How intense light (PPFD) to expose various species to and for how long.
Light intensity, or rather, how densely packed light is with photons, is measured in micromoles per meter squared per second, umol/m2/s. This is called PPFD (Photosynthetic Photon Flux Density). Intense light has high PPFD and low-intense light has low PPFD. During bright daylight in a warm and sunny place, the sun's PPFD level hitting the earth is around 2000. During the evening, before sundown, it's down to 500-1000. During dark nights, close to zero.
Some plants thrive in warm climates while others do better in cold and shaded places. This means that some plants prefer intense sunlight (high PPFD) while others prefer less intense (low PPFD). Same goes for our everyday vegetables, herbs, fruits, houseplants, and flowers.
Time is also a factor. Low intense light but over a long period results in the same number of photons as twice the light intensity but only during half as long period of time. This is especially important to indoor grows where the light output of a grow light and its photoperiod (how long the light is on) can easily be regulated.
Understanding PPFD and DLI is essential to successfully setup an efficient grow. Whether it's a small grow with a single basil plant in the window sill, a grow tent with LED grow lights and various vegetables, or a greenhouse illuminated by the sun, DLI should be accounted for. Too high DLI numbers will burn a plant while too low numbers will hinder its growth potential.
We've made it easy for you to calculate the DLI exposure your plants are receiving based on PPFD levels and photoperiod. The PPFD levels produced by your grow light should be supplied by the manufacturer. Adjust the lamp height-wise from the plant to achieve desired PPFD levels, then set how long period of time the lamp should be operational for, each day.
Find the DLI recommendations for common plants below. Supplied kindly by Erik Runkle (professor and floriculture Extension specialist in the department of horticulture at Michigan State University) and Dr. Lynette Morgan (B. Hort. Tech. degree and a PhD in hydroponic greenhouse production from Massey University, New Zealand. Lynette is a partner with Suntec International Hydroponic Consultants and has authored several hydroponic technical books. Visit suntec.co.nz for more information). Full credit and many thanks to both of these scientists.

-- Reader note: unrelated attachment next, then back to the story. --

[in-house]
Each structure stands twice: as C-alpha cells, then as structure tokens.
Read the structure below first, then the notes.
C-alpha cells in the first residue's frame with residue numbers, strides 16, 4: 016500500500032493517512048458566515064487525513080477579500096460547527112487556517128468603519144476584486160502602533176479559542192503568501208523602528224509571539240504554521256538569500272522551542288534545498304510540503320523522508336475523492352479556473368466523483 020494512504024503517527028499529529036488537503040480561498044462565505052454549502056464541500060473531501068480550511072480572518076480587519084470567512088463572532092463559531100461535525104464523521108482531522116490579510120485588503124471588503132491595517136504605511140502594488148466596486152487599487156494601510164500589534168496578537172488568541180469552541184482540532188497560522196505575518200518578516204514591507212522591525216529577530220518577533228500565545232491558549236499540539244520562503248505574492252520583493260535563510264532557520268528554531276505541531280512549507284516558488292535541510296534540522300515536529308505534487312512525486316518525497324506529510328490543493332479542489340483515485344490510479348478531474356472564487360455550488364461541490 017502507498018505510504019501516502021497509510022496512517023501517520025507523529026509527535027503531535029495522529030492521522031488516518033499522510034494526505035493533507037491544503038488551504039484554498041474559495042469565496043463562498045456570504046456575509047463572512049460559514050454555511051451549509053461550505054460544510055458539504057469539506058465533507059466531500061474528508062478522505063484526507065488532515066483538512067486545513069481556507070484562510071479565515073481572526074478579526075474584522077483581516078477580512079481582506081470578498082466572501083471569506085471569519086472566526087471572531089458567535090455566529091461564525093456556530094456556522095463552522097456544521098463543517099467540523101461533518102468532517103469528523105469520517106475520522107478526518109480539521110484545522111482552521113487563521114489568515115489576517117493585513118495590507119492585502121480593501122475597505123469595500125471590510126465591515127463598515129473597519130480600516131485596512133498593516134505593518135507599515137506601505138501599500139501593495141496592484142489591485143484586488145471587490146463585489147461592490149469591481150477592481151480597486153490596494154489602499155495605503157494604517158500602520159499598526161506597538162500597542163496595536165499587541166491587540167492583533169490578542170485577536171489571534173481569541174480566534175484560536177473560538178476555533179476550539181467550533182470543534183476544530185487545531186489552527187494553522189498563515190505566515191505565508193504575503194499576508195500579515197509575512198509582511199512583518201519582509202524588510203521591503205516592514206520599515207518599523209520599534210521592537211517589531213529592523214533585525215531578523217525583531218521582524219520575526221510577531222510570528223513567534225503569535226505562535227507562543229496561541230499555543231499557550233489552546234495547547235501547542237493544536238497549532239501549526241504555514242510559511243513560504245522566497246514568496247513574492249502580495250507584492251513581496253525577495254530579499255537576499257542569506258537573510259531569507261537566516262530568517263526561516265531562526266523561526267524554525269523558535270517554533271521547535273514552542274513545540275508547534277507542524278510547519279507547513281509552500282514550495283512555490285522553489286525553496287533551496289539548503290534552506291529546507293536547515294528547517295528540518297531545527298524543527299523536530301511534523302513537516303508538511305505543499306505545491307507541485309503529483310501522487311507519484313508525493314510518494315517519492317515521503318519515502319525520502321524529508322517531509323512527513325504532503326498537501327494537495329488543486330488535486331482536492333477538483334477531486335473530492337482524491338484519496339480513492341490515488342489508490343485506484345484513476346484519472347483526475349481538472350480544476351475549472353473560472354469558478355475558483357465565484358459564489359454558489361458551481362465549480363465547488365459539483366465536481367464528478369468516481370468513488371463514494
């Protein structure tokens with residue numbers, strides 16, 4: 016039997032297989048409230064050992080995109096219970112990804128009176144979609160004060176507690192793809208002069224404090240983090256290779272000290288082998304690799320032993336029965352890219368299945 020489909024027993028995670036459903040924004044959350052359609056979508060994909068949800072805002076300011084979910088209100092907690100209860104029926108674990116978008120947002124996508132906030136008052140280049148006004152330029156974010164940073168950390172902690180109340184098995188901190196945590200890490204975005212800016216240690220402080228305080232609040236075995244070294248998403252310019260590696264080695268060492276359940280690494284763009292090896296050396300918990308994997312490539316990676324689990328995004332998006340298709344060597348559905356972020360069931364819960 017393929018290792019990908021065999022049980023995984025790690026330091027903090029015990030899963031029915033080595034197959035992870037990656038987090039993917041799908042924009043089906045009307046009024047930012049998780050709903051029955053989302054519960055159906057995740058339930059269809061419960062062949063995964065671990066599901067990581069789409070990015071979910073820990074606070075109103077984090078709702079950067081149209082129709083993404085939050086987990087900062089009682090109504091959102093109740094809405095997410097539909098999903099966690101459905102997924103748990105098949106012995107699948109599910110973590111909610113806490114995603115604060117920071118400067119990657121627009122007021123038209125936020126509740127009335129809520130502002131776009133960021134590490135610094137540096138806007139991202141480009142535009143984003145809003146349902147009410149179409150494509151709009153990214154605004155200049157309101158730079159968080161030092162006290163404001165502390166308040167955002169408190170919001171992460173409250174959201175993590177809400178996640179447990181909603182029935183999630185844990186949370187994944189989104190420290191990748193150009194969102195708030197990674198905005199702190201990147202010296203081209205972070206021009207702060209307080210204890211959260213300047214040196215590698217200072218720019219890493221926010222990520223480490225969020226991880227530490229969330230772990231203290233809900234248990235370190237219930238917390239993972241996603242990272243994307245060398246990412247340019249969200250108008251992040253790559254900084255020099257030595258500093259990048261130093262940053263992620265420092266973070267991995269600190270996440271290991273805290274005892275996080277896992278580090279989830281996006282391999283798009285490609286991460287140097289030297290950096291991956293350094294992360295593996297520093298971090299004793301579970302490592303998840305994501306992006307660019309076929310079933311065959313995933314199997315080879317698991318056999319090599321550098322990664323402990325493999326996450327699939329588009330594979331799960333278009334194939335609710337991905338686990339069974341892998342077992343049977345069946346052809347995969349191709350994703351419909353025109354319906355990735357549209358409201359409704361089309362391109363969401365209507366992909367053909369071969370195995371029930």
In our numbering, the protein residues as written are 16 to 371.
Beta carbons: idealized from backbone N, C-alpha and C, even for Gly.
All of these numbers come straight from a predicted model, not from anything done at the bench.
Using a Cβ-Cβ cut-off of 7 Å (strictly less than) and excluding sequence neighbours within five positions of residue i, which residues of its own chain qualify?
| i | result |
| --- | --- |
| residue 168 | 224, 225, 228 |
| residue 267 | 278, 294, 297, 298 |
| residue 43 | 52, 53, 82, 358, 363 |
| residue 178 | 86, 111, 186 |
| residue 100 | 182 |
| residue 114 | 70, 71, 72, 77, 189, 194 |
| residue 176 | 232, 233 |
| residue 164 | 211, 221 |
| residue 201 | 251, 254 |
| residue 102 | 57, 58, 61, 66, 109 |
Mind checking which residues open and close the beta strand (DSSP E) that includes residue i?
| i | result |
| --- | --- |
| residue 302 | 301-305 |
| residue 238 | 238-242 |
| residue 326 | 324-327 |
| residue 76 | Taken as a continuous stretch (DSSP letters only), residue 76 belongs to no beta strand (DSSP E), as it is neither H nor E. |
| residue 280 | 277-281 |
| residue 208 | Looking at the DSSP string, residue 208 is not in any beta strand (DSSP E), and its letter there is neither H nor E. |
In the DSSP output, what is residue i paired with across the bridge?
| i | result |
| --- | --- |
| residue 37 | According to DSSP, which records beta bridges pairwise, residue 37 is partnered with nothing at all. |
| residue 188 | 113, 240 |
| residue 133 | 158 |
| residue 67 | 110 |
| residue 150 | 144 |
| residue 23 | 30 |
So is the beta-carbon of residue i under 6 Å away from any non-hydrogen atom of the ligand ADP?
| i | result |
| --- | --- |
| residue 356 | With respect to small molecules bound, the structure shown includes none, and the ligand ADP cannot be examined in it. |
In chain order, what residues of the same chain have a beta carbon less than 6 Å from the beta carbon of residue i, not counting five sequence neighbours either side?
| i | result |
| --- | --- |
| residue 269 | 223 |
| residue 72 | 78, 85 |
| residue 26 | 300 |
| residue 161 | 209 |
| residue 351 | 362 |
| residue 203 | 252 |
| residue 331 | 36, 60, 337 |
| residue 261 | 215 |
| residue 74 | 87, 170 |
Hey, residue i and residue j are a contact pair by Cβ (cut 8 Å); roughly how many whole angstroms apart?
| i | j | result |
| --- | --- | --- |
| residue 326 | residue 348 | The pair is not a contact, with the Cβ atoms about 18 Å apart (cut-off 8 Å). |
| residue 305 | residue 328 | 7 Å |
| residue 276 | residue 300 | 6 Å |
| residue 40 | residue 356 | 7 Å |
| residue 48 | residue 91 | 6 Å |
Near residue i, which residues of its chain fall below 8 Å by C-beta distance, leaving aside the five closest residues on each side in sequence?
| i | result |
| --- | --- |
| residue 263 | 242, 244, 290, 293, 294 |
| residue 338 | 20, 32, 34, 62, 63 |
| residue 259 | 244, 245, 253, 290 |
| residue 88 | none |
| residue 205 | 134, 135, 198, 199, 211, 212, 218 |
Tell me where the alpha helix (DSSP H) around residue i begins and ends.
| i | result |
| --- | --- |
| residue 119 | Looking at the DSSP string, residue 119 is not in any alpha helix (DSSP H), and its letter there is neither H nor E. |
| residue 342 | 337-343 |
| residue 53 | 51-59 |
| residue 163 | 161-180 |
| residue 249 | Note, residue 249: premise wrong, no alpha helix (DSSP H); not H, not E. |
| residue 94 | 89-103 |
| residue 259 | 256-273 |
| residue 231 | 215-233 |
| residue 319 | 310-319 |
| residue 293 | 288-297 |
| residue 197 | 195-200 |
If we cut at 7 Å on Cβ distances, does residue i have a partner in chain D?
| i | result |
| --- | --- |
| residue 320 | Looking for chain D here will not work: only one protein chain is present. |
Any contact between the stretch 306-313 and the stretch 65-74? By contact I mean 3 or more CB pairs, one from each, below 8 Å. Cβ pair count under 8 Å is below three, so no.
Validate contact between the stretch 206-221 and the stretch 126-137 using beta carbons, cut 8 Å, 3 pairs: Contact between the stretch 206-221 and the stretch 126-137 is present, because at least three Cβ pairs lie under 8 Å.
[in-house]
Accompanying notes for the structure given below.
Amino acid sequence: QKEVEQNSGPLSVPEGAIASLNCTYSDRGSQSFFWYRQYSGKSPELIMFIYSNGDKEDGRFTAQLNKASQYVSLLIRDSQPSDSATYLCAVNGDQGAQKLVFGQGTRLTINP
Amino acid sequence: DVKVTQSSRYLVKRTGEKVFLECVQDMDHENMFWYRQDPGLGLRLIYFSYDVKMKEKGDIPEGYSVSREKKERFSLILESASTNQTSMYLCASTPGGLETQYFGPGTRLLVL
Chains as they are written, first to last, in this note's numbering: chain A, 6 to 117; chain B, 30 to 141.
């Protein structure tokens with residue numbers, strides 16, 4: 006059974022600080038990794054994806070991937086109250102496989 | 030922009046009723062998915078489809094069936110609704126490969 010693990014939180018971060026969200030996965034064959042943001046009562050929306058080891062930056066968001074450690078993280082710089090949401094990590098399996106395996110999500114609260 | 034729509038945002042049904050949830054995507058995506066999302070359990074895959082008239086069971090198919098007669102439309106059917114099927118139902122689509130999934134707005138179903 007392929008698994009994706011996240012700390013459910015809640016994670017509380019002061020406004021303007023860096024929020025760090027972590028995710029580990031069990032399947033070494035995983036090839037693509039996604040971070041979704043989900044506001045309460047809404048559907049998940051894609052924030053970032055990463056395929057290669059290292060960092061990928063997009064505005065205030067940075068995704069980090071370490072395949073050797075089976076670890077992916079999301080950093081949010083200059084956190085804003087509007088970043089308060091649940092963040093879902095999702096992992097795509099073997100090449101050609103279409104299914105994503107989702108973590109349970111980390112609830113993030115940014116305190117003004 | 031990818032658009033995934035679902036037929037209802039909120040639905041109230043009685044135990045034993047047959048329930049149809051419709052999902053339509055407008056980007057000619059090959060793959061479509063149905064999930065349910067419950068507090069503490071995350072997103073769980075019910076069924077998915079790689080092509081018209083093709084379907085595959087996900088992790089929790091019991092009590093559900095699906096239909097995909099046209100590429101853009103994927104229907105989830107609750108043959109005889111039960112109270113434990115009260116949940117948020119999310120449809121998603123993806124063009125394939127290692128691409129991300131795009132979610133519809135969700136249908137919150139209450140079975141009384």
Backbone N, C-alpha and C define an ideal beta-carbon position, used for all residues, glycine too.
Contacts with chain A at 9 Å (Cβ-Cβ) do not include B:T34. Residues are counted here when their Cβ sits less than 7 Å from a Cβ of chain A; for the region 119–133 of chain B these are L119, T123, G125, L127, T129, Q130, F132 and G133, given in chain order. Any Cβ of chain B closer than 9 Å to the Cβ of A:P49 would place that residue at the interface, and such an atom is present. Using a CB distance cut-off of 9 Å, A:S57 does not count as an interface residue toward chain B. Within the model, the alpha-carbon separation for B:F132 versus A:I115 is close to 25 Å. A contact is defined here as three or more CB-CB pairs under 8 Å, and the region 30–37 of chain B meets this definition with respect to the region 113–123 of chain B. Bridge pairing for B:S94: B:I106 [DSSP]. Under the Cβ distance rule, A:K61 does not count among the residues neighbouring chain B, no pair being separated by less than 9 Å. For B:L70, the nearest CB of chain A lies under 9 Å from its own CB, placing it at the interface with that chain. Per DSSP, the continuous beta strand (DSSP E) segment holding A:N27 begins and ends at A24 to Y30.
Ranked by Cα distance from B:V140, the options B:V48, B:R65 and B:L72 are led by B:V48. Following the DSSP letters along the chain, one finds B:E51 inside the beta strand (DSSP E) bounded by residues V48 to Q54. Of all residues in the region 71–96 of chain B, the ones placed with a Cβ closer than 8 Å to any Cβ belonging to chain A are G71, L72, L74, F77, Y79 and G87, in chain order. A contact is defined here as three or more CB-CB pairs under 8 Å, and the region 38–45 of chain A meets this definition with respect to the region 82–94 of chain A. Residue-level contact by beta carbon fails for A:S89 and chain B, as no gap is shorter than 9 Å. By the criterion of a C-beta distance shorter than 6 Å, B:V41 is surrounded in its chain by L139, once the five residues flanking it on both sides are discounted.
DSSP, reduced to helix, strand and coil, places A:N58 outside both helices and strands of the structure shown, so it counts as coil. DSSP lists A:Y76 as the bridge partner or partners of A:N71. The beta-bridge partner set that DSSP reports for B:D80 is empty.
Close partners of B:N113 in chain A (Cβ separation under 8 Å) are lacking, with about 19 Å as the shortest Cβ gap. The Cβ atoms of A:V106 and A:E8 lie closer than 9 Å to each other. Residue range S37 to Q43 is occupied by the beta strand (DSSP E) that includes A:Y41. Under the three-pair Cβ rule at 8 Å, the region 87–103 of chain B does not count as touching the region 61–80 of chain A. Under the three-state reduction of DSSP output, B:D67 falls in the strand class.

Daily light integral (DLI) describes the number of photosynthetically active photons (individual particles of light in the 400-700 nm range) that are delivered to a specific area (1m2) over a 24-hour period.
The formula for calculating DLI is: μmol m-2s-1 (or PPFD) x (3600 x photoperiod) / 1,000,000 = DLI (or moles/m2/day)
PPFD is the number of photons that arrive at a specific area (m2) every second, measured in micromoles (μmol m-2s-1).
1.000.000 micromoles = 1 mole
3600 seconds = 1 hour
The number of moles per hour, per m2, multiplied with photoperiod (the number of hours with that intensity) = DLI, Daily Light Integral
|Vegetative cuttings (liners) - early||4-6|
|Vegetative cuttings (liners) - late||6-10|
|Seedlings (plugs) - early||6-10|
|Seedlings (plugs) - late||
|Shade plants (annuals and perennials)||6-10|
|Stock plants (for cuttings)||
|Annual bedding plants||10+|
|Leafy greens and herbs||12+|
|Potted flowering plants||12+|
Dr, Lynette Morgan:
|Violets, orchids, ferns||4-6|
You are growing cucumbers and want to give them around 25 DLI.
Your grow light produces 500 PPFD at 18" from the plant according to your grow light PPFD chart/light footprint.
If the lamp's distance is increased to 20" from the plant, it produces 400 PPFD at the canopy.
If the lamp is lowered to 15", it's producing 700 PPFD.
By looking at the chart we see that ~25 DLI is achieved by exposing the plant to 500 PPFD over 14 hours but also when exposing the plant to 400 DLI over 17 hours or 700 PPFD over 10 hours.
Choose a combination that fits both your grow set up but also your plant's minimum and maximum PPFD limits. Very high PPFD levels over a short duration of time or very low PPFD levels over a long duration of time are rarely ideal for good growth.